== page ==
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Advanced Micro Devices 486DX2 Microprocessor

As a worldwide quest for the computation crown continued into the fourth generation of PC-compatible microprocessors in the late 1980s, the 486 family grew with the use of internal clock doublers, triplers, and quadruplers creating the "speed demon" DX2s and DX4s. In March 1992, the 486DX2 was released with an external clock speed of just 25 MHz, but for its time, a lightning fast internal clock speed of 50 MHz.

Capable of 41 million instructions per second (MIPS) through a cadre of 1.2 million transistors, the DX2 chip was fabricated with 0.8-micron Bi-CMOS silicon technology on an 81-square millimeter die. Featured were 8 Kbytes of on-chip cache memory, 4 Gbytes of addressable memory, and an integral 80-bit floating-point unit. The 32-bit (internal register and external bus widths) central processing unit was followed up in August 1992 with the faster 66 MHz (internal clock speed) 486DX2 which operated on 5 volts. This processor had a peak power dissipation of 7.0 watts, but was more typically operated at 4.9 watts.

Applying the reverse engineering concept pioneered by the Japanese semiconductor industry, Advanced Micro Devices (AMD), a Silicon Valley semiconductor manufacturer, erected their microprocessor empire on the foundation of Intel's designs and leapfrogged ahead. Following their 286, 386, and 486 central processing units (CPUs), AMD released their 486DX2 in 1992 and the 486DX4 in 1994, as did fellow clone maker Cyrix. Built-in system management mode (SMM), power management, and write-back capability for the primary cache boosted performance on these 486DX2 designs. In addition, the cloned processors attained a maximum clock speed of 40 MHz that ran with an internal speed of 80 MHz. Although less expensive, many users believed that the clones were just as reliable as the name brand processors.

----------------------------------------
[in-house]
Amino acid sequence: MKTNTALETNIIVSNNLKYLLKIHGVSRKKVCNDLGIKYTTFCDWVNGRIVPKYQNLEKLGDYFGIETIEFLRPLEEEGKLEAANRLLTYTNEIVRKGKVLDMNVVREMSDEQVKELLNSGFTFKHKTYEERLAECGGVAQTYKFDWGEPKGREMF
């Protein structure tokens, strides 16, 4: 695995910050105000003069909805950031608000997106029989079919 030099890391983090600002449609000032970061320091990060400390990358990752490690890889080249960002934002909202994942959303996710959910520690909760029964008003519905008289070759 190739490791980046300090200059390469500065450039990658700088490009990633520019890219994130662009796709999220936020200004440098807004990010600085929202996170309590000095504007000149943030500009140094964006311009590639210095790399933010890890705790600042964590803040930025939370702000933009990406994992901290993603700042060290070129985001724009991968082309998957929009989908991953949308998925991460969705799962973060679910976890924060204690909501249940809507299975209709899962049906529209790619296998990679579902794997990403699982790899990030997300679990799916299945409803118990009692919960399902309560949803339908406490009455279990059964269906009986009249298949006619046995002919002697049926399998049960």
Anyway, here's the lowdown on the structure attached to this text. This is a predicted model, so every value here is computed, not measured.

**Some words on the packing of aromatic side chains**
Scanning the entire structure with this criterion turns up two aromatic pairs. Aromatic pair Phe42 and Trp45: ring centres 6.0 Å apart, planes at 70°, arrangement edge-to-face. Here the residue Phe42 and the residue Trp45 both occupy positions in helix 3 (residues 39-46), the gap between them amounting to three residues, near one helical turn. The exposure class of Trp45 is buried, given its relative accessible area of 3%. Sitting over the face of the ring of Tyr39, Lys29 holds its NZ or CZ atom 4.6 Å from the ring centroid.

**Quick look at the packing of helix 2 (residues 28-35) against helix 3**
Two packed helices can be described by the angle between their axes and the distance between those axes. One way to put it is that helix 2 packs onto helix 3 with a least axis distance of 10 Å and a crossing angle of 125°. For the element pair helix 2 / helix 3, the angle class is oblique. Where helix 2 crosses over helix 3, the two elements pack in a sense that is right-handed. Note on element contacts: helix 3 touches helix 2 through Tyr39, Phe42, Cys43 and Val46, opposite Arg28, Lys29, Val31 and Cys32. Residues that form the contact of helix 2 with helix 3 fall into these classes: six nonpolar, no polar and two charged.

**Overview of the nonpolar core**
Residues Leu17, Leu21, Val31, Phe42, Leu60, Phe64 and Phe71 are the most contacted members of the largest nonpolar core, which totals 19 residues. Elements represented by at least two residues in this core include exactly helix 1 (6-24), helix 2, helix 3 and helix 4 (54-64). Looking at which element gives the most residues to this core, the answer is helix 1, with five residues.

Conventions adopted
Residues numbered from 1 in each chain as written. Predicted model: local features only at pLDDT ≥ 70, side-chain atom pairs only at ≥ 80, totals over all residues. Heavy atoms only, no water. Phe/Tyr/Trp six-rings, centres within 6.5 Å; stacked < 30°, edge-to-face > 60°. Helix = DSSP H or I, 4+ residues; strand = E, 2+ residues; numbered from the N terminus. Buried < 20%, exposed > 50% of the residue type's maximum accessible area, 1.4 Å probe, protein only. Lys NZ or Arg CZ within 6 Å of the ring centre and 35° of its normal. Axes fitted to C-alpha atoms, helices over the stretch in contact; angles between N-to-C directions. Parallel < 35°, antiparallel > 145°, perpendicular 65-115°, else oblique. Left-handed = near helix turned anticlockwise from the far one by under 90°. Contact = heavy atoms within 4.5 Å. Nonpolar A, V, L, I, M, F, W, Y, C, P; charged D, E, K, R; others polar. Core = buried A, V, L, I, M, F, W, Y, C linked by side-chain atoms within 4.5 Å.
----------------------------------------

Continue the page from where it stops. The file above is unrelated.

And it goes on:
Contributing Authors

Omar Alvarado, Thomas J. Fellers and Michael W. Davidson - National High Magnetic Field Laboratory, 1800 East Paul Dirac Dr., The Florida State University, Tallahassee, Florida, 32310.



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